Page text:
Evangelina Elizondo was born in Mexico City and worked during the golden age of Mexican cinema, which was between 1936 and 1959, according to most sources. In addition to appearing in dozens of films, she recorded a couple of albums, wrote a couple of books, and remains active today, at least online. The above photo, with its striking noir style and leaning pose that has to be more difficult than it looks, dates from around 1955.
The law of this jungle is steal or be poor.
We don't need to tell you anything about The Asphalt Jungle because you've seen this film classic, right? So today we're all about the poster. Look at this beauty. It was painted by Italian artist Angelo Cesselon, complete with his distinct signature and its supersized “O”. Cesselon worked for many studios and mastered a distinct style featuring large character portraits such as the one you see here. His work is among the most immediately identifiable of the mid-century period. As for the film, when you get John Huston directing a heist story you can't go wrong. Don't let the poster fool you, though—Marilyn Monroe is a bit player. Why is she starring on the art? Because Cesselon painted it a few years after the film's initial release—by which time Monroe was world famous. The Asphalt Jungle premiered today in 1950.
Everything about her is right on the money.
Above, a nice promo photo of American actress Rosalind Cash, best known for co-starring in 1971's sci-fi classic The Omega Man. She went on to score parts on many television shows.
Scenes from a Roman marriage.
1960s and 1970s Italian poster art is consistently great. Even obscure pieces are beautiful. The above locandina style promo is for the drama Seduzione coniugale, which means “marital seduction,” and starred Gabrielle Tinti and Rosemarie Lindt in the story of spouses who hit a rough patch, resulting in the wife enjoying sexual extra- curriculars with a hairy young judo instructor, while the husband scores with the less hairy but more beautiful Gaia Germani. He pays dearly for his straying, though. In fact, you could say he hits another rough patch—at high speed and with irreversible consequences. Directed by Daniel Franco with an excess of style, and assisted by a dreamy title track that's a minor classic of the Italian sexploitation genre, the film is a curiosity but we can't really recommend much about it beyond Germani and the promo poster. It premiered in Italy today in 1974.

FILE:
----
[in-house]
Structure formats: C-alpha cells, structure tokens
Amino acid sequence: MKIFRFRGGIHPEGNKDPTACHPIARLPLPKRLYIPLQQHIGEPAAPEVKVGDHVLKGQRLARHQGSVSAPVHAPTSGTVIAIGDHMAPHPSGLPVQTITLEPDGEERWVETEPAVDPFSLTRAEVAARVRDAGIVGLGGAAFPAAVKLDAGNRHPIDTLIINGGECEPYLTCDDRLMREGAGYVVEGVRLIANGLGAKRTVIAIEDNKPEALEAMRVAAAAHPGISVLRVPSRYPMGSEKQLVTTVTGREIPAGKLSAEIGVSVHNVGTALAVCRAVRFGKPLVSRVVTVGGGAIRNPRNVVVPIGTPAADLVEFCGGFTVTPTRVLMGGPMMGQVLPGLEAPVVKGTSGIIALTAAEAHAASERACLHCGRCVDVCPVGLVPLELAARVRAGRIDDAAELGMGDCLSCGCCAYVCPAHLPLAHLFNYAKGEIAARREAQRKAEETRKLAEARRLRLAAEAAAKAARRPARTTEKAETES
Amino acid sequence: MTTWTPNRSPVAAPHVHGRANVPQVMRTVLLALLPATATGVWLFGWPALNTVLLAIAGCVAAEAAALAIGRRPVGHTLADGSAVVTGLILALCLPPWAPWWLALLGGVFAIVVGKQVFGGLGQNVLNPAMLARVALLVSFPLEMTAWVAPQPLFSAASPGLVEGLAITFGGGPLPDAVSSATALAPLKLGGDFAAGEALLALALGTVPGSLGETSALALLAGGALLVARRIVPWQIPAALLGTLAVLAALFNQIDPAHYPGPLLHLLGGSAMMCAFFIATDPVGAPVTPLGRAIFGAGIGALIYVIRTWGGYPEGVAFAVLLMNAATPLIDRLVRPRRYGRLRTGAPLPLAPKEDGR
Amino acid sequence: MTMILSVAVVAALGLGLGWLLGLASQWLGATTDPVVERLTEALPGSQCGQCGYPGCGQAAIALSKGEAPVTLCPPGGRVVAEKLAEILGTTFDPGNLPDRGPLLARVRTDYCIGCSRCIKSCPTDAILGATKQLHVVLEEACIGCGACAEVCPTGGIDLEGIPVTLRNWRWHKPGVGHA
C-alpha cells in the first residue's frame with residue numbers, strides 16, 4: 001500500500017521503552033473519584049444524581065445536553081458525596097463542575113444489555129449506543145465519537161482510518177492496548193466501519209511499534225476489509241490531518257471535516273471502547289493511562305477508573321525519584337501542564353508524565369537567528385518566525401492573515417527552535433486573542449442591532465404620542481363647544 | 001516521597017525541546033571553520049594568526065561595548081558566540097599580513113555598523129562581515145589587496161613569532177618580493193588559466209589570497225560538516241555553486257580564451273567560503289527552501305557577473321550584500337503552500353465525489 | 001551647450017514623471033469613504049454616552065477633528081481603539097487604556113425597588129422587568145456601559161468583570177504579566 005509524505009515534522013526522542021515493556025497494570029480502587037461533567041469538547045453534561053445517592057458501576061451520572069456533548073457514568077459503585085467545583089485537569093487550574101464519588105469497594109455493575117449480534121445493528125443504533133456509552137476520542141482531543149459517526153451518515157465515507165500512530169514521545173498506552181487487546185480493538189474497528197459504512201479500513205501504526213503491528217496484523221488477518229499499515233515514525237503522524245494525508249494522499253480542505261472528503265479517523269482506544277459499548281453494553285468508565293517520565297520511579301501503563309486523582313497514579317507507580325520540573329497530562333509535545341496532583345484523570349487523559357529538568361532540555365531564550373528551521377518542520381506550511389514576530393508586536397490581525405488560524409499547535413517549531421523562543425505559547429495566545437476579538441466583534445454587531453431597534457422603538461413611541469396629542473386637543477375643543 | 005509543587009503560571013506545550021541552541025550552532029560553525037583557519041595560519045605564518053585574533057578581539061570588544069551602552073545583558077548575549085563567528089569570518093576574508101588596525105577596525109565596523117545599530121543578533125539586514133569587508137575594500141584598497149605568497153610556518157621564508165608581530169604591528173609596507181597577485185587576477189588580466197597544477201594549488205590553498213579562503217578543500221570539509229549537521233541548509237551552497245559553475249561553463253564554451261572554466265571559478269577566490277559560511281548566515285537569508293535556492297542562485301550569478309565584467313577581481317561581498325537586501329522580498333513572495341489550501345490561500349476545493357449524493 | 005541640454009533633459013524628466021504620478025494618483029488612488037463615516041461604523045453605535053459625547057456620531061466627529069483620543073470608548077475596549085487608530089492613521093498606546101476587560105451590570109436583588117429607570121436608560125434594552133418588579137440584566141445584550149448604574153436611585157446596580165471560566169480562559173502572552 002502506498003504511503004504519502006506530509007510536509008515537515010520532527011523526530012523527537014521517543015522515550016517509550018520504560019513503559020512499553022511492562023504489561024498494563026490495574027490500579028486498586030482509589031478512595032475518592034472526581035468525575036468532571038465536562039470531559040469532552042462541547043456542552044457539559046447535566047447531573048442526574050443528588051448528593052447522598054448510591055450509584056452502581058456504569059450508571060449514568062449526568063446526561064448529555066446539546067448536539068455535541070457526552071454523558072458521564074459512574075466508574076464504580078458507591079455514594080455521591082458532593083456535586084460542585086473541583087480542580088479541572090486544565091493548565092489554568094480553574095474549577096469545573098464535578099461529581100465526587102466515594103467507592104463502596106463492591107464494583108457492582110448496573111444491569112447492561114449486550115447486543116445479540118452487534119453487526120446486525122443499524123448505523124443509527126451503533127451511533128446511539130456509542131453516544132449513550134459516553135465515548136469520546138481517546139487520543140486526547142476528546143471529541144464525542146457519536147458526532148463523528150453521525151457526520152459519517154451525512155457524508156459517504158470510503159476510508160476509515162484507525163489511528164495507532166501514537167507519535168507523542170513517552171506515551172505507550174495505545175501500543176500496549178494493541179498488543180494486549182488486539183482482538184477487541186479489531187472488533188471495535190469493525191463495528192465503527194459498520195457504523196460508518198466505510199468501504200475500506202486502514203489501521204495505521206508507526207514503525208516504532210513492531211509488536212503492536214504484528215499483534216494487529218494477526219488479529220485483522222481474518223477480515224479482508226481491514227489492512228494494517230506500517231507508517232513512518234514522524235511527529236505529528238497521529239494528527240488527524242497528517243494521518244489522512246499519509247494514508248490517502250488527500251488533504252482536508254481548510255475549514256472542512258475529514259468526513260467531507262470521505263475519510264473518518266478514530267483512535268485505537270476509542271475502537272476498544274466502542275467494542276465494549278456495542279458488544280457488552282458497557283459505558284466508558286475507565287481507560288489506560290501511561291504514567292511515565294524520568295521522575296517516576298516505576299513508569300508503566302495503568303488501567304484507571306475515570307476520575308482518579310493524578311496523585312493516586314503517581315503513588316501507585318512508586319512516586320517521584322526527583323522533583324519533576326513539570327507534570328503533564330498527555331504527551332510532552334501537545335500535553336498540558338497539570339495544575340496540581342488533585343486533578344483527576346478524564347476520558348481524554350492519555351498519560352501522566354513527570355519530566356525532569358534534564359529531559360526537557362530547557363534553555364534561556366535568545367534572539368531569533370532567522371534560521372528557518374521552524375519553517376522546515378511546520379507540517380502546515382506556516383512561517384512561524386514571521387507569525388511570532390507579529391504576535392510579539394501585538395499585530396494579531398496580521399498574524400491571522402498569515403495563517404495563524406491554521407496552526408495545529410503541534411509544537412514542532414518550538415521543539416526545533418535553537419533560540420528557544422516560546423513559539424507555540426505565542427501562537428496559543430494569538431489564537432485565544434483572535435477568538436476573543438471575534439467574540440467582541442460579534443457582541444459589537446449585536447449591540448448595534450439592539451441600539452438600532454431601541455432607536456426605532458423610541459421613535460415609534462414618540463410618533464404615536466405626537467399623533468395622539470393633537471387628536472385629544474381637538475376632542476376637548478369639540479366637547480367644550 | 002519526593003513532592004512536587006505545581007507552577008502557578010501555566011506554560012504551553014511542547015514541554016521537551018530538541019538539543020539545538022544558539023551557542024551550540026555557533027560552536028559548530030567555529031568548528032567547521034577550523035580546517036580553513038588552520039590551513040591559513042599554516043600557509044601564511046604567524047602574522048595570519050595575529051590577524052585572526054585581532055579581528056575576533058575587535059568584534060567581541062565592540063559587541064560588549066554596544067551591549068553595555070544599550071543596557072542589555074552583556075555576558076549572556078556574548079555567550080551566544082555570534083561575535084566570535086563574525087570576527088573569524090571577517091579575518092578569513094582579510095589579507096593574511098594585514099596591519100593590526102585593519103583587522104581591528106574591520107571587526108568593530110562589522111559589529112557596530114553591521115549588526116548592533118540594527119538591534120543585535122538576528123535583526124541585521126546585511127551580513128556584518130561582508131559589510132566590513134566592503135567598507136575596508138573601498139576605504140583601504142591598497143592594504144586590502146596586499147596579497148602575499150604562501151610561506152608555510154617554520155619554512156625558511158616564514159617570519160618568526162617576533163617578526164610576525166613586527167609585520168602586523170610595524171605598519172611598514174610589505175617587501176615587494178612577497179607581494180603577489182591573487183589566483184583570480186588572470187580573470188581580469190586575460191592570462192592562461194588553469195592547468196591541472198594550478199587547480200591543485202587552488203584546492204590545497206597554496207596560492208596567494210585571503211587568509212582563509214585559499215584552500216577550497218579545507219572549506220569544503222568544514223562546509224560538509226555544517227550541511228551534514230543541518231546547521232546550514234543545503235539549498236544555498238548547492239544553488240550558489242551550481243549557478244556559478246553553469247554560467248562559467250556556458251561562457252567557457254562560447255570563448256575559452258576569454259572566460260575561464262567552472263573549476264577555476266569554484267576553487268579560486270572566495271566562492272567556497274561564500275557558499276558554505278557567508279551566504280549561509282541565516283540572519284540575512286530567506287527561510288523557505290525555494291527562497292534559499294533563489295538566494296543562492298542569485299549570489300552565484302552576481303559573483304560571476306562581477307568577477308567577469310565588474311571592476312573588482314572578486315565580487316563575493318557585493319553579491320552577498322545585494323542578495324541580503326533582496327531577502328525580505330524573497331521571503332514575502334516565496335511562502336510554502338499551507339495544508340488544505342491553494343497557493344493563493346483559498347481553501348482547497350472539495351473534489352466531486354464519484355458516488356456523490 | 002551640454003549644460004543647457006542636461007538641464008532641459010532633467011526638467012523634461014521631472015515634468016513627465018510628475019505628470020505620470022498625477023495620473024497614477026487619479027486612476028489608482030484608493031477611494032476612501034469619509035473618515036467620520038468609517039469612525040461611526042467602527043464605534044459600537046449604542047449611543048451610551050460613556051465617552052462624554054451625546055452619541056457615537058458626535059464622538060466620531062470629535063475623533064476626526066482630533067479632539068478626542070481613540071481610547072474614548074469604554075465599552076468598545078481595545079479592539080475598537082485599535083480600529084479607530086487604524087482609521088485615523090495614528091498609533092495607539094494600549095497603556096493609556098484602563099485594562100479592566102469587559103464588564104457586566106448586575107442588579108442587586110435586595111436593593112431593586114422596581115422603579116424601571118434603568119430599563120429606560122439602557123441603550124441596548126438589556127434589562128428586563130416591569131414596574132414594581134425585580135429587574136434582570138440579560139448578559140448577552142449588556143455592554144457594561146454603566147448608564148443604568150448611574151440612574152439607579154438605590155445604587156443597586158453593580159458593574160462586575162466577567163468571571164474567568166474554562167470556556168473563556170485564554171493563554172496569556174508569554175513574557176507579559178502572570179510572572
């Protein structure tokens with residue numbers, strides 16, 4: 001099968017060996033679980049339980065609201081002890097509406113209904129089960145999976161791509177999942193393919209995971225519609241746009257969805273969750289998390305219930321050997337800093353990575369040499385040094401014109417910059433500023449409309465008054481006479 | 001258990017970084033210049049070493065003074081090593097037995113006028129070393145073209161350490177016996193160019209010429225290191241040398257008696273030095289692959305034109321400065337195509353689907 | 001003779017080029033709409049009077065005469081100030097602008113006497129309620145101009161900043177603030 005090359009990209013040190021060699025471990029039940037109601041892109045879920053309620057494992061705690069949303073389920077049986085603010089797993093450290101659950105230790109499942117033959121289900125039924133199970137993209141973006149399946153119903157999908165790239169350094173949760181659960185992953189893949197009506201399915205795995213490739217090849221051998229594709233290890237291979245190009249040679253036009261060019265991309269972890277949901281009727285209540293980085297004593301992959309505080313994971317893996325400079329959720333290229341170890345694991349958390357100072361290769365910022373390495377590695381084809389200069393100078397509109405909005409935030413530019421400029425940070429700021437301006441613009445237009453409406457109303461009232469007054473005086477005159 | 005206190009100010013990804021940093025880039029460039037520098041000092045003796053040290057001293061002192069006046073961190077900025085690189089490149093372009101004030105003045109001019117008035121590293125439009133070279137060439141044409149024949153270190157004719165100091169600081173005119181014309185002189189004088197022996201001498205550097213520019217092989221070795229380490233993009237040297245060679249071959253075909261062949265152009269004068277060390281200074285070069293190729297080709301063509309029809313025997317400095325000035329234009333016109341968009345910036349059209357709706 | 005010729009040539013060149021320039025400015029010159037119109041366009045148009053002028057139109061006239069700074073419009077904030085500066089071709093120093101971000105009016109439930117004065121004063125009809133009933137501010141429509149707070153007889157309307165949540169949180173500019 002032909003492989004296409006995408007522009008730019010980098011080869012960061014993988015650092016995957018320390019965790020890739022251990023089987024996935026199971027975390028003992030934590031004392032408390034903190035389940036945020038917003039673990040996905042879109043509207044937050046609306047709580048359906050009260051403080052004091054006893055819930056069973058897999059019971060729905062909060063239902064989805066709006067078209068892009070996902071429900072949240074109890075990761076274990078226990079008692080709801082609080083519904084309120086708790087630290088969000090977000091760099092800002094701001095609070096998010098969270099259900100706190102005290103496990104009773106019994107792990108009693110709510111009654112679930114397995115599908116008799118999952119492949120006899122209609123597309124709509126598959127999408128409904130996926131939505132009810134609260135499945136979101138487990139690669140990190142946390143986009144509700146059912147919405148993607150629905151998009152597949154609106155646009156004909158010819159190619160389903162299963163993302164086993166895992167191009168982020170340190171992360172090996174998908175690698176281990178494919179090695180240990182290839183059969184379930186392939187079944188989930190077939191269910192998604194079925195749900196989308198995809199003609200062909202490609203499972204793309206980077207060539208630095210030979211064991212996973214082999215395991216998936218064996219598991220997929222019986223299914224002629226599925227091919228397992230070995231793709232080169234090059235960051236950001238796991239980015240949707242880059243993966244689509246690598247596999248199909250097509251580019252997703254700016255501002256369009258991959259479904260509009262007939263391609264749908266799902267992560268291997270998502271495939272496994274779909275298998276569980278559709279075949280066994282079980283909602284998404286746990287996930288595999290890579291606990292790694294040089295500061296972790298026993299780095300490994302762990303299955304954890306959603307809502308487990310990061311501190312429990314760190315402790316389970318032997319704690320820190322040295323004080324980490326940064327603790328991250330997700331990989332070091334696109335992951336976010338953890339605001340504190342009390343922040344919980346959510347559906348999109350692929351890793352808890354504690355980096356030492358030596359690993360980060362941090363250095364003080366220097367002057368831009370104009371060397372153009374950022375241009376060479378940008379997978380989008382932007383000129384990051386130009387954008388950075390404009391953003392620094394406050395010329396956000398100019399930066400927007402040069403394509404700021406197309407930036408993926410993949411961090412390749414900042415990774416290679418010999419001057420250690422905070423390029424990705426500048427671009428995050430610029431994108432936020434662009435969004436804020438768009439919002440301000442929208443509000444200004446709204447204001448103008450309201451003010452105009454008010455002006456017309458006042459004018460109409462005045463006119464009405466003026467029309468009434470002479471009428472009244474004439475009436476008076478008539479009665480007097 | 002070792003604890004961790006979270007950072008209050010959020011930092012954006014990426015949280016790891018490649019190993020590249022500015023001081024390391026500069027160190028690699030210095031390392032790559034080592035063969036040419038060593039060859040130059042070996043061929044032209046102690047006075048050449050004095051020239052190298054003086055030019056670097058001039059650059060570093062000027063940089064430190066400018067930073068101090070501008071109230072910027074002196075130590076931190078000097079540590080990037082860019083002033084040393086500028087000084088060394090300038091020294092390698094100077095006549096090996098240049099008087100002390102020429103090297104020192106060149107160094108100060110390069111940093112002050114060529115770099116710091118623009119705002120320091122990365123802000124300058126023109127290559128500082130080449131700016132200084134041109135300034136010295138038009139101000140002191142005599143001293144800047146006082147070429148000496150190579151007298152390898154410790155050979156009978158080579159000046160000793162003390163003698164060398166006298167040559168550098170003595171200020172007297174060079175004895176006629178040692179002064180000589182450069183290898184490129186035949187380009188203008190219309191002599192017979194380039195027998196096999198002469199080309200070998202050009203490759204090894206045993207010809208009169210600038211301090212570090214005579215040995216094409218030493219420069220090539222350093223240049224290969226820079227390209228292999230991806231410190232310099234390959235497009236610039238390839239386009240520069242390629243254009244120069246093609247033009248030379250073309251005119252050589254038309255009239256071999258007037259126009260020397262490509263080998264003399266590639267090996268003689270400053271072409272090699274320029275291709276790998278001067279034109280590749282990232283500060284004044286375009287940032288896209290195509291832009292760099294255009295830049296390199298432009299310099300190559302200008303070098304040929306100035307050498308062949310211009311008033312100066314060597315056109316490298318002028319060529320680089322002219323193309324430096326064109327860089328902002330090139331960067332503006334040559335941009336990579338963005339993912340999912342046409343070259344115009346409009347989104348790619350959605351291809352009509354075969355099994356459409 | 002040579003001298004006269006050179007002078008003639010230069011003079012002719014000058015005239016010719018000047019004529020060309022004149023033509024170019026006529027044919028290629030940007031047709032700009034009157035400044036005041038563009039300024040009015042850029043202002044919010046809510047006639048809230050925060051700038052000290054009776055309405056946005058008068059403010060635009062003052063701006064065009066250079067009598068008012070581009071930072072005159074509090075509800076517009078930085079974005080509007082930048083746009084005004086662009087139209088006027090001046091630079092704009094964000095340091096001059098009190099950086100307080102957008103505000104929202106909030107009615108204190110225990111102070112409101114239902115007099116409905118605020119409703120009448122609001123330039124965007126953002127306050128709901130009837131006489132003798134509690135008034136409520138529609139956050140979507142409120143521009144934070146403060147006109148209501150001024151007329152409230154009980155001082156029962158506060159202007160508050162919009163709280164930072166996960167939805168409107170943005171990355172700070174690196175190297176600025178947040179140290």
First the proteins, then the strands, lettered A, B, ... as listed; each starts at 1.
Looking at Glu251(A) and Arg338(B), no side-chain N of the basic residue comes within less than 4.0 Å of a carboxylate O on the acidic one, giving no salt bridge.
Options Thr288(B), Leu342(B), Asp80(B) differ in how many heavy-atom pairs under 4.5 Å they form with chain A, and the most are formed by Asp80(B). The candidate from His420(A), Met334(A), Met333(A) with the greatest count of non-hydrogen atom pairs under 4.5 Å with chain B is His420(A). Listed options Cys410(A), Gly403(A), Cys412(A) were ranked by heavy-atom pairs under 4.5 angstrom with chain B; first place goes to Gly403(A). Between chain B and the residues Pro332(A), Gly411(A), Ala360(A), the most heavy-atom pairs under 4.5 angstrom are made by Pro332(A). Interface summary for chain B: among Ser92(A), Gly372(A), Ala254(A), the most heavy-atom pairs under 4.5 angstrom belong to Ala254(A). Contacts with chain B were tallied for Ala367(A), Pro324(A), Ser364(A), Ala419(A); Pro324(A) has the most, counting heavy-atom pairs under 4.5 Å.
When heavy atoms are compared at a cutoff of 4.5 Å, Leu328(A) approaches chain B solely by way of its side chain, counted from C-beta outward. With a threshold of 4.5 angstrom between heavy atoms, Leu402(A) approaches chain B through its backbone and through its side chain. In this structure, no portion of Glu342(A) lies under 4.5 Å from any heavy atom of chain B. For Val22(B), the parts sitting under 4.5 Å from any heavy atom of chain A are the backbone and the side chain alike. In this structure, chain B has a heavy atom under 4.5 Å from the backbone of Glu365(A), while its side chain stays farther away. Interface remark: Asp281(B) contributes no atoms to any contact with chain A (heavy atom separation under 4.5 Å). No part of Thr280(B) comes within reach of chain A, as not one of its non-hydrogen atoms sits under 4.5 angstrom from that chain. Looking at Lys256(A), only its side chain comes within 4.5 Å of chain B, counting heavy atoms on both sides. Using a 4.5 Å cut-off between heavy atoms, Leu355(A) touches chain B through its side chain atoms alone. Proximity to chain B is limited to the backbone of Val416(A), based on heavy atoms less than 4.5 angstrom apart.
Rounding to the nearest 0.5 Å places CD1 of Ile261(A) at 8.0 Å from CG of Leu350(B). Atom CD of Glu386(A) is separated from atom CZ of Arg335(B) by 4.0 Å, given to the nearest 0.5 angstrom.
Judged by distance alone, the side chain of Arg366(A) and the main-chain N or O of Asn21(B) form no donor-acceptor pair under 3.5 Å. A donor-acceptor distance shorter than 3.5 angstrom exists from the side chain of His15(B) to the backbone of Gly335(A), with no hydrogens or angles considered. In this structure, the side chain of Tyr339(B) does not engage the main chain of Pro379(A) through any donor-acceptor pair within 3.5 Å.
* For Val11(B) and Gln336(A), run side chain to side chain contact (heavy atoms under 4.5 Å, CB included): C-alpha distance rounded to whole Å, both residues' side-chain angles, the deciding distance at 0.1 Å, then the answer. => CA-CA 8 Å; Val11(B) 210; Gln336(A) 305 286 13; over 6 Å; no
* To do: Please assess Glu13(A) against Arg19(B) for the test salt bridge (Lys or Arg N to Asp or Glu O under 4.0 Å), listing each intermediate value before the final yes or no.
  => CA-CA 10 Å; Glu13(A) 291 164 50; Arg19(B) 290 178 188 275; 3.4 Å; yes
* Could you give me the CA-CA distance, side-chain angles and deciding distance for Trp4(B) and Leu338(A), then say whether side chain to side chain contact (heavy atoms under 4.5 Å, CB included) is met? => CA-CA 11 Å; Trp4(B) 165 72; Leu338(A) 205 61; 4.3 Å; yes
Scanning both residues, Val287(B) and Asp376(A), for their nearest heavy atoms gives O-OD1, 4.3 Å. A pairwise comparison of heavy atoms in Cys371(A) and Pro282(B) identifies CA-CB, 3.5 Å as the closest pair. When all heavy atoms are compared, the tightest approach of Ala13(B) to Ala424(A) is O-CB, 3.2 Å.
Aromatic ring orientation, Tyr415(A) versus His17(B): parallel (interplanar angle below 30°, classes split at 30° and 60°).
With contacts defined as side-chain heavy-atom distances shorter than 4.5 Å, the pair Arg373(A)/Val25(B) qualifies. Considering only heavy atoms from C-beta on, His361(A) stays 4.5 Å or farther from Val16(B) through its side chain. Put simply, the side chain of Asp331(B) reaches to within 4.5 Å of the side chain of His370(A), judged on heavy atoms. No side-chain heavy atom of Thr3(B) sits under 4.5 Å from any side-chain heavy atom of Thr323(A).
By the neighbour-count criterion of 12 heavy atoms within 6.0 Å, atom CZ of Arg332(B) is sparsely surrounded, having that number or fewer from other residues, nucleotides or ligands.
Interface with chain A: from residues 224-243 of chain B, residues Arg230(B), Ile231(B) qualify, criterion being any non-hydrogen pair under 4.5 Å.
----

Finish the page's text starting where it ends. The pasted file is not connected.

The headlines that mattered yesteryear.
1914—Rasputin Survives Assassination Attempt
Former prostitute Jina Guseva attempts to assassinate Grigori Rasputin in his home town of Pokrovskoye, Siberia by stabbing him in the abdomen. According to reports, Guseva screamed "I have killed the Antichrist!" But Rasputin survived until being famously poisoned, shot, bludgeoned, and drowned in an icy river two years later.
1967—Jayne Mansfield Dies in Car Accident
American actress and sex symbol Jayne Mansfield dies in an automobile accident in Biloxi, Mississippi, when the car in which she is riding slams underneath the rear of a semi. Rumors that Mansfield were decapitated are technically untrue. In reality, her death certificate states that she suffered an avulsion of the cranium and brain, meaning she lost
only the top of her head.
1958—Workers Assemble First Corvette
Workers at a Chevrolet plant in Flint, Michigan, assemble the first Corvette, a two-seater sports car that would become an American icon. The first completed production car rolls off the assembly line two days later, one of just 300 Corvettes made that year.
1950—U.S. Decides To Fight in Korea
After years of border tensions on the partitioned Korean peninsula, U.S. President Harry Truman orders U.S. air and sea forces to help the South Korean regime repel an invasion by the North. Soon the U.S. is embroiled in a war that lasts until 1953 and results in a million combat dead and at least two million civilian deaths, with no measurable gains for either side.